Government

Government and Legislature

Todd Ryburn / CC by 2.0

Bobcat hunting season starts this November in most of Illinois, but rules are still being worked out. The deadline for public comment is Monday, March 7. The Illinois Department of Natural Resources is closing the 45-day comment period.

state of Illinois

The Illinois House passed legislation Thursday to pay nearly $4 billion for higher education and social services -- but without new revenue to back it up. 

Democrats like House Majority Leader Barbara Flynn Currie, a Democrat from Chicago, cast the package as a compromise with Gov. Bruce Rauner. It allows him to avoid repaying money taken from special state funds, a notion Rauner has endorsed.

"It's not the best idea since sliced bread," Currie said, "but it is the governor's idea, and I'm willing to give him the courtesy of a yes vote."

Illinois Lottery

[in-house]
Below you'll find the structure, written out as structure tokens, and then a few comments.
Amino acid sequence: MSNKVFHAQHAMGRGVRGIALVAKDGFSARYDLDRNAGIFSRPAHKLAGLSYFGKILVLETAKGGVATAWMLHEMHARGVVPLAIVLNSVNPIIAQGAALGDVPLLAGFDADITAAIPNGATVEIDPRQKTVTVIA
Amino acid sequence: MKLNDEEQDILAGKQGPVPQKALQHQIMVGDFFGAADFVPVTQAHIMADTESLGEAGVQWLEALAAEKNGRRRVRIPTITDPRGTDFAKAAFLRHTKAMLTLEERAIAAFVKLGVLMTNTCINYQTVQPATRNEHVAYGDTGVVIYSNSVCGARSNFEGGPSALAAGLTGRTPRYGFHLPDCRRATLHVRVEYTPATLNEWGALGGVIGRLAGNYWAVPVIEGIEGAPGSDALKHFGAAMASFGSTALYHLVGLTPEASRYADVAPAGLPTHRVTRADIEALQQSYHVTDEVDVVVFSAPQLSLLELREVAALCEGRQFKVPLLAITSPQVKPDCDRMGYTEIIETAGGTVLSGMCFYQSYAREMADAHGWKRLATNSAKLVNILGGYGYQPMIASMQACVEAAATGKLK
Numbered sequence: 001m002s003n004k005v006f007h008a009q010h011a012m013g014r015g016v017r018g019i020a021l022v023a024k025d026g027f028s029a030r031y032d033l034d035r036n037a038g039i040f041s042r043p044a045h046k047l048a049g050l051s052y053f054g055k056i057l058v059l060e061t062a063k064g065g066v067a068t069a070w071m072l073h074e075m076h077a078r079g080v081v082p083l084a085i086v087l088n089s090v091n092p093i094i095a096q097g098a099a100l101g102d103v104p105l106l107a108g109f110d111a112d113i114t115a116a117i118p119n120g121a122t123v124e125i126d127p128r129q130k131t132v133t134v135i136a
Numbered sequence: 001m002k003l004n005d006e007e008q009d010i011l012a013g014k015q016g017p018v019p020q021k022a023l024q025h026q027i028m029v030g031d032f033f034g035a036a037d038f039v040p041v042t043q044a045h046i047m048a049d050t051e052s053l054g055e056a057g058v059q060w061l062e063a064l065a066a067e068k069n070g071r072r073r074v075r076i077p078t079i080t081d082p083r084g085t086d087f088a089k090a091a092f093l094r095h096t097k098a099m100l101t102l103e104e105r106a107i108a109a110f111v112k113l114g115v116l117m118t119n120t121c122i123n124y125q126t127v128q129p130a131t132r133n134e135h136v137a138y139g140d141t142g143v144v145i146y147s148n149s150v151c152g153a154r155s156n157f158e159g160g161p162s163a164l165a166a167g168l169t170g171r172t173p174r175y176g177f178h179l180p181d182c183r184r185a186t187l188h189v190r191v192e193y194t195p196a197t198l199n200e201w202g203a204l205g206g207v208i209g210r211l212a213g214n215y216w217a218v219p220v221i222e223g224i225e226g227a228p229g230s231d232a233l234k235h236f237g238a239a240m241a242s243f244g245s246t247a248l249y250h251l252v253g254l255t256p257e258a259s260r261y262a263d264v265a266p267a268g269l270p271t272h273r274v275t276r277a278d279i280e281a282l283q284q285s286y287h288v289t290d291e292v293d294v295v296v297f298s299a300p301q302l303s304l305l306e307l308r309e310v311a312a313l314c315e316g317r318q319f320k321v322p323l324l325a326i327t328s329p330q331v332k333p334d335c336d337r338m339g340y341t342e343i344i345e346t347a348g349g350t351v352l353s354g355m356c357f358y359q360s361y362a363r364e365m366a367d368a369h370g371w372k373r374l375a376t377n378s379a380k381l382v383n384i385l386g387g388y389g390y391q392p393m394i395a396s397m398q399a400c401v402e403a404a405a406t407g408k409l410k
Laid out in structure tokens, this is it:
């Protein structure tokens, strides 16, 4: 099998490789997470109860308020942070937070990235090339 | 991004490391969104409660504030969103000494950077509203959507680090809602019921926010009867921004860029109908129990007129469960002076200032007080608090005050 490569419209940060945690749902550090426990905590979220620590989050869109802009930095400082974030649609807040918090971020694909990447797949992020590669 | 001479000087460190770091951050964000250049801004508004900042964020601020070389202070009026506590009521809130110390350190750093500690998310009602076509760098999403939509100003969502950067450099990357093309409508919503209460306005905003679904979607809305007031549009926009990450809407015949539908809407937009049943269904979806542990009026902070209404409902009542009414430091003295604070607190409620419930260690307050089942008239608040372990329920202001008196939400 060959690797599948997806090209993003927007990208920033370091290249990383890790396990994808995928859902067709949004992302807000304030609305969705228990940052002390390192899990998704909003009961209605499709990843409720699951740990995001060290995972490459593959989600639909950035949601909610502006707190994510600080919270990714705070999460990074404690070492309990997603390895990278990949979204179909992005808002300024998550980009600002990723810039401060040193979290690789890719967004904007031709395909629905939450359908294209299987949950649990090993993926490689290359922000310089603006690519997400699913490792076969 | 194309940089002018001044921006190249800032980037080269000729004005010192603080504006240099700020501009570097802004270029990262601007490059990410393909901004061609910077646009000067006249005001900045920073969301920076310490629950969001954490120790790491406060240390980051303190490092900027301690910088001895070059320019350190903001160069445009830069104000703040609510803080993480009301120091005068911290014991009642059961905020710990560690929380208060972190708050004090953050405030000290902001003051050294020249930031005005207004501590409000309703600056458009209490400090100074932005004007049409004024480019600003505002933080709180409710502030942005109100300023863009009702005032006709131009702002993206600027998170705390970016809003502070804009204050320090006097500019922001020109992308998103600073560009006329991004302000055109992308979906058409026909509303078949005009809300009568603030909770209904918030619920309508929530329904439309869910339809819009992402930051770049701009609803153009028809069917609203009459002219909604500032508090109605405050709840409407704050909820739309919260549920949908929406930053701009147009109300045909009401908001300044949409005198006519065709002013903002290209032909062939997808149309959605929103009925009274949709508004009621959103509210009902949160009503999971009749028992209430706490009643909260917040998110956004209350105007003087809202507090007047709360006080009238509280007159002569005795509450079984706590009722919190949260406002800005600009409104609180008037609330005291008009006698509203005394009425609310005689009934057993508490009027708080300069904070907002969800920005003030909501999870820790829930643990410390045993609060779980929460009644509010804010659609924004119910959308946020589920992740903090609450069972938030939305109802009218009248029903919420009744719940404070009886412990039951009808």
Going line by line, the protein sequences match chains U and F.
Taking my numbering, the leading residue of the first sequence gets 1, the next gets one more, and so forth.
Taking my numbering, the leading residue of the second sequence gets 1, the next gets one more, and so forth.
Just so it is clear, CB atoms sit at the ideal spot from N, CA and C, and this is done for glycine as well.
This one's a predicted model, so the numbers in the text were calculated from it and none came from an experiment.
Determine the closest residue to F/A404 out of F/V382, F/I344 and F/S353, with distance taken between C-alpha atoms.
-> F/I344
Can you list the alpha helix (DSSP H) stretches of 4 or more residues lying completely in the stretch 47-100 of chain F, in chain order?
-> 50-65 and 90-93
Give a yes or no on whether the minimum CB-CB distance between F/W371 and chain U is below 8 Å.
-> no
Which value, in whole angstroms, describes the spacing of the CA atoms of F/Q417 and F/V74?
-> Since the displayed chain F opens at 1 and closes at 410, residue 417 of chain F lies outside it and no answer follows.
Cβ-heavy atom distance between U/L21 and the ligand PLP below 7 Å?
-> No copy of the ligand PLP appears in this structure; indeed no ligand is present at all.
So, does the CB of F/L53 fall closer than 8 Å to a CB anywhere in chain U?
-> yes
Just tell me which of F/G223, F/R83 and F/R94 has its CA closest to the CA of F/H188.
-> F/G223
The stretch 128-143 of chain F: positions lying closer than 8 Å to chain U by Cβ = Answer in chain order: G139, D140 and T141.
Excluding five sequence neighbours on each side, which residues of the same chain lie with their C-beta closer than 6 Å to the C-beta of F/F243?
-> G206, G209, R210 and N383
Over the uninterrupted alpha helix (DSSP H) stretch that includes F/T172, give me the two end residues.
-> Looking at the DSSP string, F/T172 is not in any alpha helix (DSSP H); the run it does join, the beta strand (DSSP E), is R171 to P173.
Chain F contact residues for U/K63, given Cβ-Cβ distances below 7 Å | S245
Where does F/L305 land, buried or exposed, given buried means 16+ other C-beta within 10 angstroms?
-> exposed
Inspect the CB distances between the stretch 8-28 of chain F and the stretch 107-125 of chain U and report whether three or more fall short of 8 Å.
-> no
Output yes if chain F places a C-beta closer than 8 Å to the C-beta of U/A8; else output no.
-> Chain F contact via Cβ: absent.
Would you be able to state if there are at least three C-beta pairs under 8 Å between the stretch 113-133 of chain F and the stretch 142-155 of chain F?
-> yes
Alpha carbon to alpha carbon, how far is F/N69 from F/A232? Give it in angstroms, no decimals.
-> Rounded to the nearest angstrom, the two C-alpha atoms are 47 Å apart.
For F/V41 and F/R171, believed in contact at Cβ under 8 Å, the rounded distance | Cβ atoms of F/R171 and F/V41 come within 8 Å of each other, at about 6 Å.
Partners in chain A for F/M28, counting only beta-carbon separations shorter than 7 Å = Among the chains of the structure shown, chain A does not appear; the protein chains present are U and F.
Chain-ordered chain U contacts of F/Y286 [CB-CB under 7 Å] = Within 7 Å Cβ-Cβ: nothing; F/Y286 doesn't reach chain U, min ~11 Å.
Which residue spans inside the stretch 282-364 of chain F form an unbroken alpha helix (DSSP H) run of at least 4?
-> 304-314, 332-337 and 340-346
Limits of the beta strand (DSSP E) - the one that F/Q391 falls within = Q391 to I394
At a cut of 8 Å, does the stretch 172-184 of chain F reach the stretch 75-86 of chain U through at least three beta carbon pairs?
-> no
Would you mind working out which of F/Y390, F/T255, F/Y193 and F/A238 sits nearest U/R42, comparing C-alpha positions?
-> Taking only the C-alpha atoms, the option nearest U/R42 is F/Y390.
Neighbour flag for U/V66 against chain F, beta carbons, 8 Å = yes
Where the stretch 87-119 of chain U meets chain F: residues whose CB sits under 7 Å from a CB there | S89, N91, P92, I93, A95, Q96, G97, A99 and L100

A pilot program allowing the Illinois Lottery to sell tickets online will expire before the end of the month.

There's no time for lawmakers to keep the program alive before then. The House adjourned until April.

Republican Rep. Ed Sullivan from Lake County sponsored a measure to make the pilot program permanent.

"Because it's a process that has done well," Sullivan said, "and it's done well for bringing money into our schools."

But Democrats prevented it from advancing.

AFSCME

Illinois Democrats approved legislation Thursday to require arbitration for union contract disputes.

The state's biggest public employee union -- The American Federation of State, County and Municipal Employees, or AFSCME -- supports changing the process.

Contract negotiations between AFSCME and Gov. Bruce Rauner's office have stalled. Sen. Don Harmon, D-Oak Park, says the legislation would help both sides get a deal done.  

A police group says the lack of a state budget is making Illinois a more dangerous place to live.

Rauner touted proposals that would begin to inch toward his goal of reducing Illinois’ prison population by 25 percent over the next decade. But elsewhere in the Capitol, law enforcement officials warned that the lack of a state budget means crime prevention programs are shutting down.

“I am upset at the governor," Tom Weitzel, the police chief in Riverside, said.

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